Latin America is the birthplace of maize and home to much of its genetic diversity. Maize is a main staple food across the continent and plays an important role in local culture and gastronomy. However, maize faces many challenges, from climate change related stresses such as drought and heat to emerging pests and diseases. Maize experts, as well as scientists from other key crops, from around the world came together to discuss these challenges and how to solve them at the 23rd Latin American Maize Reunion and 4th Seed Congress, held October 7-10 in Monteria, Colombia.
The reunion began with a welcome address from Luis Narro, a senior maize scientist with the International Maize and Wheat Improvement Center (CIMMYT). Narro thanked participants for coming from throughout the region and discussed the history of the event. “Why are we here today? Because maize is one of the most important crops of this century. This should be both a challenge and incentive for us to continue our work with maize, as it is a crop with huge demand,” he said.
In the inaugural session, Deyanira Barrero, general manager of the Colombian Agricultural Institute (ICA) and Jorge E. Bedoya, president of the Society of Colombian Farmers, highlighted the importance of seeds and strategies to ensure the quality and future of Colombia and Latin America’s agri-food systems.
The event was organized by the Colombian Corporation for Agricultural Research (Agrosavia), the Colombian Seed and Biotechnology Association (Acosemillas), the National Federation of Cereal and Legume Growers (Fenalce), the Latin American maize network, and the International Maize and Wheat Improvement Center (CIMMYT). Four CIMMYT scientists presented at the reunion, sharing their experience with and perspectives on agronomy, seed systems, native maize and strategies to increase resilience to climate change.
Nele Verhulst, senior scientist at CIMMYT, presented on the development of management practices for conservation agriculture as well as post-harvest technologies in Latin America, particularly Mexico and Central America. She emphasized the importance of crop management in maize so that improved seeds can reach their maximum potential in terms of yield and profitability. The seed systems lead for Africa and Latin America with CIMMYT’s Global Maize Program, Arturo Silva, shared his experience in these regions strengthening maize seed systems and working to accelerate variety replacement with newer, better seeds. Terry Molnar, maize breeder at the Center, studies native maize varieties to identify characteristics such as disease resistance that can be used to develop improved maize varieties for smallholder farmers. Kai Sonder, head of CIMMYT’s Geographic Information System (GIS) unit, presented on the potential impact of climate change on global and regional maize production.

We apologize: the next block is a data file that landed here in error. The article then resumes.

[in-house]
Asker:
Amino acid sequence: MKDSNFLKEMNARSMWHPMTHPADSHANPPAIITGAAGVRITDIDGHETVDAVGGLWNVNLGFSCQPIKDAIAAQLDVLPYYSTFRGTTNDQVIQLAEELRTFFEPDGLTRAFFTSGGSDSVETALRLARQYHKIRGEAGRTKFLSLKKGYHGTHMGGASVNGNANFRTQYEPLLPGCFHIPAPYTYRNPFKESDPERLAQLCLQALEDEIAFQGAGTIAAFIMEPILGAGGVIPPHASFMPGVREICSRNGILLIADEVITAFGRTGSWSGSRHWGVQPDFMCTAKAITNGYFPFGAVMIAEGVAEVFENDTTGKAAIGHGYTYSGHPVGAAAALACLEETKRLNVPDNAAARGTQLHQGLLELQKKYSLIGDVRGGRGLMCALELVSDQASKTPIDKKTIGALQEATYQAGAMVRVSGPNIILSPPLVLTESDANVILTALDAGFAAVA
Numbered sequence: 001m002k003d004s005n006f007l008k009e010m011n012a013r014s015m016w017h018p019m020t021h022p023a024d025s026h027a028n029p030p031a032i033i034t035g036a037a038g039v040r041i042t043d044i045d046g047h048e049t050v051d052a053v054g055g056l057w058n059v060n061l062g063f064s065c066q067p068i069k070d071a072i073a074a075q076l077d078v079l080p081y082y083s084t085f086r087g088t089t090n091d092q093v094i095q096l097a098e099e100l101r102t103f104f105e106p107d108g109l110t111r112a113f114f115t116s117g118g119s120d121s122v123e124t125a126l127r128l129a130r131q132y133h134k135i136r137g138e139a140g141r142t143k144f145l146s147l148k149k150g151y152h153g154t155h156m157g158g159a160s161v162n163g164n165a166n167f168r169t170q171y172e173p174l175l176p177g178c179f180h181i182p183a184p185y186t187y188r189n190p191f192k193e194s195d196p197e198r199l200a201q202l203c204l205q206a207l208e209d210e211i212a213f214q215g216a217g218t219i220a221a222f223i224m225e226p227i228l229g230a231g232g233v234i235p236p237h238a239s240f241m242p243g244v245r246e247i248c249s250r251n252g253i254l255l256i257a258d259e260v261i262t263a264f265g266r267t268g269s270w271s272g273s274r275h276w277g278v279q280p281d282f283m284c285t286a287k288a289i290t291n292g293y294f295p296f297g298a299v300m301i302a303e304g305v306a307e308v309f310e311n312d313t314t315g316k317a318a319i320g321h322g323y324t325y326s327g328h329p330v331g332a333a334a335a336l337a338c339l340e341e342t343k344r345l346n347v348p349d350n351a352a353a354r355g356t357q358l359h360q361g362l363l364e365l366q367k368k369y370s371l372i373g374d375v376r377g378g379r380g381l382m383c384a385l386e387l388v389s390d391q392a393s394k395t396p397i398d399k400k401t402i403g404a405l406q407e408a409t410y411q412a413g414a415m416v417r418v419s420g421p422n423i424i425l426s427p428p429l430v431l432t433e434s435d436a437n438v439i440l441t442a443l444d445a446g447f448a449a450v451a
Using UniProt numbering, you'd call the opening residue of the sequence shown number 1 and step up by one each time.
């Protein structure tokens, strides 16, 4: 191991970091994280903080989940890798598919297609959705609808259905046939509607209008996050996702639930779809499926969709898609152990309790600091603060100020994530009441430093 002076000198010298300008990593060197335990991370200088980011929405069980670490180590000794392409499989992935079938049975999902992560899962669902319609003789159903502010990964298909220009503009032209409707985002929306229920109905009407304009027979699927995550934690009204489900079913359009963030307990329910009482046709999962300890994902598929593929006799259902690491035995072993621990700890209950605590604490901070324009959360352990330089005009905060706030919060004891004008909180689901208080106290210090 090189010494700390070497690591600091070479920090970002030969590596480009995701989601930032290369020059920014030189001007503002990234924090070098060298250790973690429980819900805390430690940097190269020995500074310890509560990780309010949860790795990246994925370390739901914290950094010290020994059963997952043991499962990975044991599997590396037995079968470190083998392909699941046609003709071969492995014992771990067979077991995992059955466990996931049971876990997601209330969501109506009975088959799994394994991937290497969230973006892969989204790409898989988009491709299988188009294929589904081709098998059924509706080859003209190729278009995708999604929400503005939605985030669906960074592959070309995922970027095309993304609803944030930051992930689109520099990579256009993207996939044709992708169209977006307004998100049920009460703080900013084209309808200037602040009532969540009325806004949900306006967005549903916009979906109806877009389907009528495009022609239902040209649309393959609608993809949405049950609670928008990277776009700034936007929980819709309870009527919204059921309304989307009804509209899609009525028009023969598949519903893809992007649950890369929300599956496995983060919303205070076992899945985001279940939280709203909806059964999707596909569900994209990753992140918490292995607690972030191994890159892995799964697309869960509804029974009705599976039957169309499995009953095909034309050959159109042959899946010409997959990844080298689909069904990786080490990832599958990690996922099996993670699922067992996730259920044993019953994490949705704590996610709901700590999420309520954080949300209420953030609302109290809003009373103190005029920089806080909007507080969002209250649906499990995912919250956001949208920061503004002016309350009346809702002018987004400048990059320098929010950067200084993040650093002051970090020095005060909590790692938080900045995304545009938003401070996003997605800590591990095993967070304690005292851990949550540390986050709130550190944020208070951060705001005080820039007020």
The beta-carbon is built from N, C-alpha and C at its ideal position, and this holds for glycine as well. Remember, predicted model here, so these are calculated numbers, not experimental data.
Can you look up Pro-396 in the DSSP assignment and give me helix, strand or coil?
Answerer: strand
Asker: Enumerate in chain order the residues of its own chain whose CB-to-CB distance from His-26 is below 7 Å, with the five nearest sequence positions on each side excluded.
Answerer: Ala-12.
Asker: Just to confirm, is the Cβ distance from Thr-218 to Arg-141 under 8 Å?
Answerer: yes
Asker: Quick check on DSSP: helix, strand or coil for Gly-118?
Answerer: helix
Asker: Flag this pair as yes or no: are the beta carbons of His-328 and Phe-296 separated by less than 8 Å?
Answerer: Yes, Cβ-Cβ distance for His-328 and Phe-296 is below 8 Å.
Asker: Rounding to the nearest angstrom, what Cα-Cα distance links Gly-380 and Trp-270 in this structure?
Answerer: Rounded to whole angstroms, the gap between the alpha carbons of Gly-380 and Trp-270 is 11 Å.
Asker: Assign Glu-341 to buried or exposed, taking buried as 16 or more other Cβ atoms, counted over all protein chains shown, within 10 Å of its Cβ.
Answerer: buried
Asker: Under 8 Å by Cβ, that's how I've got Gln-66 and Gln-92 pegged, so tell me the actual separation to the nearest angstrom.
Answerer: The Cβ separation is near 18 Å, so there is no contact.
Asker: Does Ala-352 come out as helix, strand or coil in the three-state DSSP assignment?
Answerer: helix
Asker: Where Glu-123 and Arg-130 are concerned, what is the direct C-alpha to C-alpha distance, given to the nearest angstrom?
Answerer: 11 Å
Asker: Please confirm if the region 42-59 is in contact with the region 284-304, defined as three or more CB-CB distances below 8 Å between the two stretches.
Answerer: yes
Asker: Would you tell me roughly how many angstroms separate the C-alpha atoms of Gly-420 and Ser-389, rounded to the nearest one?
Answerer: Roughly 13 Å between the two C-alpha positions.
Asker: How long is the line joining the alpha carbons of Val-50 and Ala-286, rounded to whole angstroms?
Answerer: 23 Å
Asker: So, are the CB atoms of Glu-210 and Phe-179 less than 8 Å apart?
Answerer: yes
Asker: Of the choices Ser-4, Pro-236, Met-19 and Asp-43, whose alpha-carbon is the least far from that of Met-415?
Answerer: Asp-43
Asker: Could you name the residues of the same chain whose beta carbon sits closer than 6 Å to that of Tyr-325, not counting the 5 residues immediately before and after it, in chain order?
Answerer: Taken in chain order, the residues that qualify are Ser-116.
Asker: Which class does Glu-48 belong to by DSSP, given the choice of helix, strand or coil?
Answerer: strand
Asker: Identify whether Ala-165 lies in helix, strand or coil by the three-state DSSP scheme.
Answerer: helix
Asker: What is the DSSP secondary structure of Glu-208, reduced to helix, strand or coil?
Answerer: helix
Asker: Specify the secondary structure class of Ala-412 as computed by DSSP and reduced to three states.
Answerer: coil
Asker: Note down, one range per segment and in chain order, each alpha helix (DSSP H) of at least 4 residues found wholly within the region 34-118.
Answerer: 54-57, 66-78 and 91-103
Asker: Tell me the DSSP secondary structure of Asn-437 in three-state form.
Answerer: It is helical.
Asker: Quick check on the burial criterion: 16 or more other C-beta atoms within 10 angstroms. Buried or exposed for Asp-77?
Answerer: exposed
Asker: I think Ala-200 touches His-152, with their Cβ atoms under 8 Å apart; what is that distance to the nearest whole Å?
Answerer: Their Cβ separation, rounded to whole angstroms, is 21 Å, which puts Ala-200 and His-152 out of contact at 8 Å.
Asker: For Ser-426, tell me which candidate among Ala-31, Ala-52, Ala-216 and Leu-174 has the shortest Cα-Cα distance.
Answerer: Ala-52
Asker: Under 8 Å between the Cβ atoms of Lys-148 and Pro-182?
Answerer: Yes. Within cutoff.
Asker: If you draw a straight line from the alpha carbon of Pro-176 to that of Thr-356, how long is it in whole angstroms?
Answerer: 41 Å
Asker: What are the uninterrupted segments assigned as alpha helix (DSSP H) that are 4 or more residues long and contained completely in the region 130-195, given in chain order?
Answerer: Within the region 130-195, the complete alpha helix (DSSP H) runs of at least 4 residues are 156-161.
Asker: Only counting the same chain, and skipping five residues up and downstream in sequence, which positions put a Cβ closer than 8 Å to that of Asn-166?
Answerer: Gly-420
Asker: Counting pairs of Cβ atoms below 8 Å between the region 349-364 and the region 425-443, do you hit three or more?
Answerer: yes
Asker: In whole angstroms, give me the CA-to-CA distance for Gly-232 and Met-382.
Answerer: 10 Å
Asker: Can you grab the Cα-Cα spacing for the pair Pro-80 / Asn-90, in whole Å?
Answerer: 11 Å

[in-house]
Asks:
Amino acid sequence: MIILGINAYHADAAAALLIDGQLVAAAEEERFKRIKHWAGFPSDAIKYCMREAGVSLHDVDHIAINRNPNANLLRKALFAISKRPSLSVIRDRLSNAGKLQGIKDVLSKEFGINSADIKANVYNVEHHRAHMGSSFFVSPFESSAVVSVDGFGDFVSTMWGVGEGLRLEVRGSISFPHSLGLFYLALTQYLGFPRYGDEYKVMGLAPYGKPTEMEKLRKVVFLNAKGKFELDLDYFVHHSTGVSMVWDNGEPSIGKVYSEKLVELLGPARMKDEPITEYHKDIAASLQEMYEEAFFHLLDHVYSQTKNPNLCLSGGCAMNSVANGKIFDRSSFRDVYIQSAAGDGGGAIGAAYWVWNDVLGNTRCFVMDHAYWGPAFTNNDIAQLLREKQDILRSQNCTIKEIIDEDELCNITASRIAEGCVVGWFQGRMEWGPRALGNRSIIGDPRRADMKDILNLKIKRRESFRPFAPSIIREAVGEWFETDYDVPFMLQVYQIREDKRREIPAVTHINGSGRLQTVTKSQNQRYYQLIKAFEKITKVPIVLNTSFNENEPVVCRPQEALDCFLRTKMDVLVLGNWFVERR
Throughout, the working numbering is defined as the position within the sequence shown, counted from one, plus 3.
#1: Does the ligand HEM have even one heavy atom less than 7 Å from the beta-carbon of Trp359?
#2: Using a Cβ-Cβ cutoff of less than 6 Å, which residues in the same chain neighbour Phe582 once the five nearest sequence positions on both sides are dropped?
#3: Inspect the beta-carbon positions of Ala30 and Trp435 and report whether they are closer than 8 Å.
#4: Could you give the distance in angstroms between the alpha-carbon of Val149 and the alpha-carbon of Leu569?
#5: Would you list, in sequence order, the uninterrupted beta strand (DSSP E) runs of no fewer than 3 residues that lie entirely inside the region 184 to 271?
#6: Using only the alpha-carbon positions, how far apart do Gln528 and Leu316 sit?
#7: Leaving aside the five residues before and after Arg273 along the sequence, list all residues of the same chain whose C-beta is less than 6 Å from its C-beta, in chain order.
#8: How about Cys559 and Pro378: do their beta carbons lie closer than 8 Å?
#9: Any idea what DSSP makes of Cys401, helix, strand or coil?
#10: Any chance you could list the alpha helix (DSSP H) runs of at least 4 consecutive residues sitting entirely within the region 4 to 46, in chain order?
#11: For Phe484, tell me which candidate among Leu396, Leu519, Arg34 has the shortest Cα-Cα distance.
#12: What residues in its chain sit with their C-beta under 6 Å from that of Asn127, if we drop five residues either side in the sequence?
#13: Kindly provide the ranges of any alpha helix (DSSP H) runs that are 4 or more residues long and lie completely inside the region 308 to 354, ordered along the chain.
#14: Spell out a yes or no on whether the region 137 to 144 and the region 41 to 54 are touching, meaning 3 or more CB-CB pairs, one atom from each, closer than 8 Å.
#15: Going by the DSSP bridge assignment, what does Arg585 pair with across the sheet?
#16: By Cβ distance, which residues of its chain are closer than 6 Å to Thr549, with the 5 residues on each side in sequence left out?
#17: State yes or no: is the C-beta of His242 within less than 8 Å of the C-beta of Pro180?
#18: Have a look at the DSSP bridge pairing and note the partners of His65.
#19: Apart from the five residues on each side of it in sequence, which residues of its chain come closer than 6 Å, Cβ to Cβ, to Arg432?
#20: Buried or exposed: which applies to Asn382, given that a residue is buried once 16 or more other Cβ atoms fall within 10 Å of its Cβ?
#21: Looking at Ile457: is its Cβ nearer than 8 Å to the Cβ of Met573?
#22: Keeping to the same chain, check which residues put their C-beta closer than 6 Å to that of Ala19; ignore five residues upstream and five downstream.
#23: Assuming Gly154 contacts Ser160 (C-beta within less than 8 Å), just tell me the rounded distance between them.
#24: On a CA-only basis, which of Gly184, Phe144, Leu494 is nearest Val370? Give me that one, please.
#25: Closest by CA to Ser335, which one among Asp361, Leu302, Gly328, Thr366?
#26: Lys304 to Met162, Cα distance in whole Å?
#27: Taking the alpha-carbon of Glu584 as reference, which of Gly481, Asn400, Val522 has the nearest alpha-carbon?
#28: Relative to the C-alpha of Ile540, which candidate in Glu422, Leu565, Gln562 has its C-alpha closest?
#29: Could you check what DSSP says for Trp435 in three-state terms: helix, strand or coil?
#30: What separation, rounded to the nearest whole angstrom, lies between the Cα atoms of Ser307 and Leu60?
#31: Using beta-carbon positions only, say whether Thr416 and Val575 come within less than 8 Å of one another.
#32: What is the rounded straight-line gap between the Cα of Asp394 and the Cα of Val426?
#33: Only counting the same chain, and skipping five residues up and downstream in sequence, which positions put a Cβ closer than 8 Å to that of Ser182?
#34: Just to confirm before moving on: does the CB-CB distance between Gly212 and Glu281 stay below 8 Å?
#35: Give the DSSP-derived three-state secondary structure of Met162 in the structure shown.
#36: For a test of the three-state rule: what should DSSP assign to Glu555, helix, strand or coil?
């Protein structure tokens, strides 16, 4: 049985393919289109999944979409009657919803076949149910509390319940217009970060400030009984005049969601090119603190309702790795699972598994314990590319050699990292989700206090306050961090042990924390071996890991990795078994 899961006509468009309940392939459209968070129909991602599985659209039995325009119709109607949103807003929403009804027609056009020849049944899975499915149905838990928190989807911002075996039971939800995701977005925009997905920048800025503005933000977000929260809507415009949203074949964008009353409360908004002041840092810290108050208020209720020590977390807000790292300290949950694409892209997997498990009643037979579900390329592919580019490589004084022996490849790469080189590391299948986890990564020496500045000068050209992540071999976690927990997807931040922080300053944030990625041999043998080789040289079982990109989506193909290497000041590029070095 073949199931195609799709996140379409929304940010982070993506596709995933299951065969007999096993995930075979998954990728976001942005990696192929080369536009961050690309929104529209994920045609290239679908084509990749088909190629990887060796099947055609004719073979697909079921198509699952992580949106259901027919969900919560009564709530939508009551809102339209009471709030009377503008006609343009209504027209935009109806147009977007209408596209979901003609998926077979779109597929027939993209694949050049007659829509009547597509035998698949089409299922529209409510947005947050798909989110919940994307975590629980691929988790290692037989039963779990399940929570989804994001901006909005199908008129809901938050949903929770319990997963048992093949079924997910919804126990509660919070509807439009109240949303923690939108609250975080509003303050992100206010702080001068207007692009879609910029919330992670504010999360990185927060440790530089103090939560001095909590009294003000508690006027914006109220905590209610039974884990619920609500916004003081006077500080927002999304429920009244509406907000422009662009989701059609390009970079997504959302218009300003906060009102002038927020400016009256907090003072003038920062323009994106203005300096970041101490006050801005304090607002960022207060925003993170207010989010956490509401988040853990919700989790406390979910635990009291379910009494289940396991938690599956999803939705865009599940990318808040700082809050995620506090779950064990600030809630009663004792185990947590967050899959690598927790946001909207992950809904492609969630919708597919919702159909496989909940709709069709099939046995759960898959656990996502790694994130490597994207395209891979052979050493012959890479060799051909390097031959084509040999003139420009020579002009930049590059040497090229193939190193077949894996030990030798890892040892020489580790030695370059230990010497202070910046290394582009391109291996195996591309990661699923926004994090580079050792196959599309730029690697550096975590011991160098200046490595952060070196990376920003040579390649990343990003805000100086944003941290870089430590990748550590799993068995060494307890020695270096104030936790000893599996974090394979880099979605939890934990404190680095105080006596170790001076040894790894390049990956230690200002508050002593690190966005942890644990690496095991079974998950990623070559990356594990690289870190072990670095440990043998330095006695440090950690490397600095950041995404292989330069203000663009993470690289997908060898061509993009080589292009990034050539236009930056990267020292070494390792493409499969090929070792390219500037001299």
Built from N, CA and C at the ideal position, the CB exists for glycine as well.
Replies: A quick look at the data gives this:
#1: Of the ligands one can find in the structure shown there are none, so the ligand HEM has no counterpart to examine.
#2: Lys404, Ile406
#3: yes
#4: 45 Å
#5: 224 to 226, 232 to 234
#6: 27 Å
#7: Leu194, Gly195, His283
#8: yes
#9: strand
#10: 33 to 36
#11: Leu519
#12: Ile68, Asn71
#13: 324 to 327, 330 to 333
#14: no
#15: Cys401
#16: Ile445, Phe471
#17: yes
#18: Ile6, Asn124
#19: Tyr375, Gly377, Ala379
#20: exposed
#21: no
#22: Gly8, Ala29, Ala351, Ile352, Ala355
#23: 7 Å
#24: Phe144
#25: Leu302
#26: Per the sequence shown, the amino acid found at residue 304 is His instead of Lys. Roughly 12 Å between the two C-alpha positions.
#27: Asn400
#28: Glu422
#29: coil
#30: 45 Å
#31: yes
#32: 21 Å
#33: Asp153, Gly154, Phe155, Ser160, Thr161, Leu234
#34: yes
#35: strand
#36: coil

The reunion closed with the award session for the winners of the MAIZE Youth Innovators Awards 2019 – Latin America. The awards, an initiative of the CGIAR Research Program on Maize (MAIZE), seek to recognize the contributions of young women and men who are implementing innovations in Latin American maize-based agri-food systems.
Eduardo Cruz Rojo, Mexico, won in the “Farmer” category for his work using biological control agents to protect maize from fall armyworm. Carlos Barragán and José Esteban Sotelo Mariche, both from Mexico, won in the category of “Change Agent” for their work helping farmers increase their maize yields through inter-cropping and for helping farmers better commercialize their native maize, respectively. In the “Researcher” category, Yésica Chazarreta, from Argentina, won for her research on the effect of maize planting dates on grain filling and drying. Omar Garcilazo Rahme of Mexico was recognized for his work helping farmers grow high-value edible maize fungus in traditional maize production systems. Viviana López Ramírez of Colombia won for her work on bacteriosis in maize, and Lucio Reinoso of Argentina for his contribution to the development of a maize seeder that helps farmers adopt conservation agriculture techniques. In a video message, B.M. Prasanna, director of the CIMMYT global maize program and the CGIAR Research Program on Maize (MAIZE), congratulated the young winners and expressed his hopes that they would inspire other young people to get involved in maize based systems. This was the first time the awards were held in Latin America, following Asia in 2018 and Africa in spring of 2019.
Two additional awards were given at the close of the reunion, one to Alberto Chassiagne, maize seeds systems specialist for Latin America at CIMMYT, who received first place in the scientific poster competition at the reunion for his work “Proposed model to generate seed production technology for maize hybrids”. Another award went to Luis Narro for his contributions to maize in Latin America throughout his career.
The conference was followed by a field day held October 10 at the Agrosavia Turipaná Research Center in Cereté, Colombia. The field day began with a speech by Colombia’s Minister of Agriculture and Rural Development, Andrés Valencia, who discussed the importance of agriculture to his country’s economy as well as plans to increase maize production to decrease reliance on imports. This announcement follows the launch of Maize for Colombia, a strategic plan to help improve maize production in the country while increasing sustainability.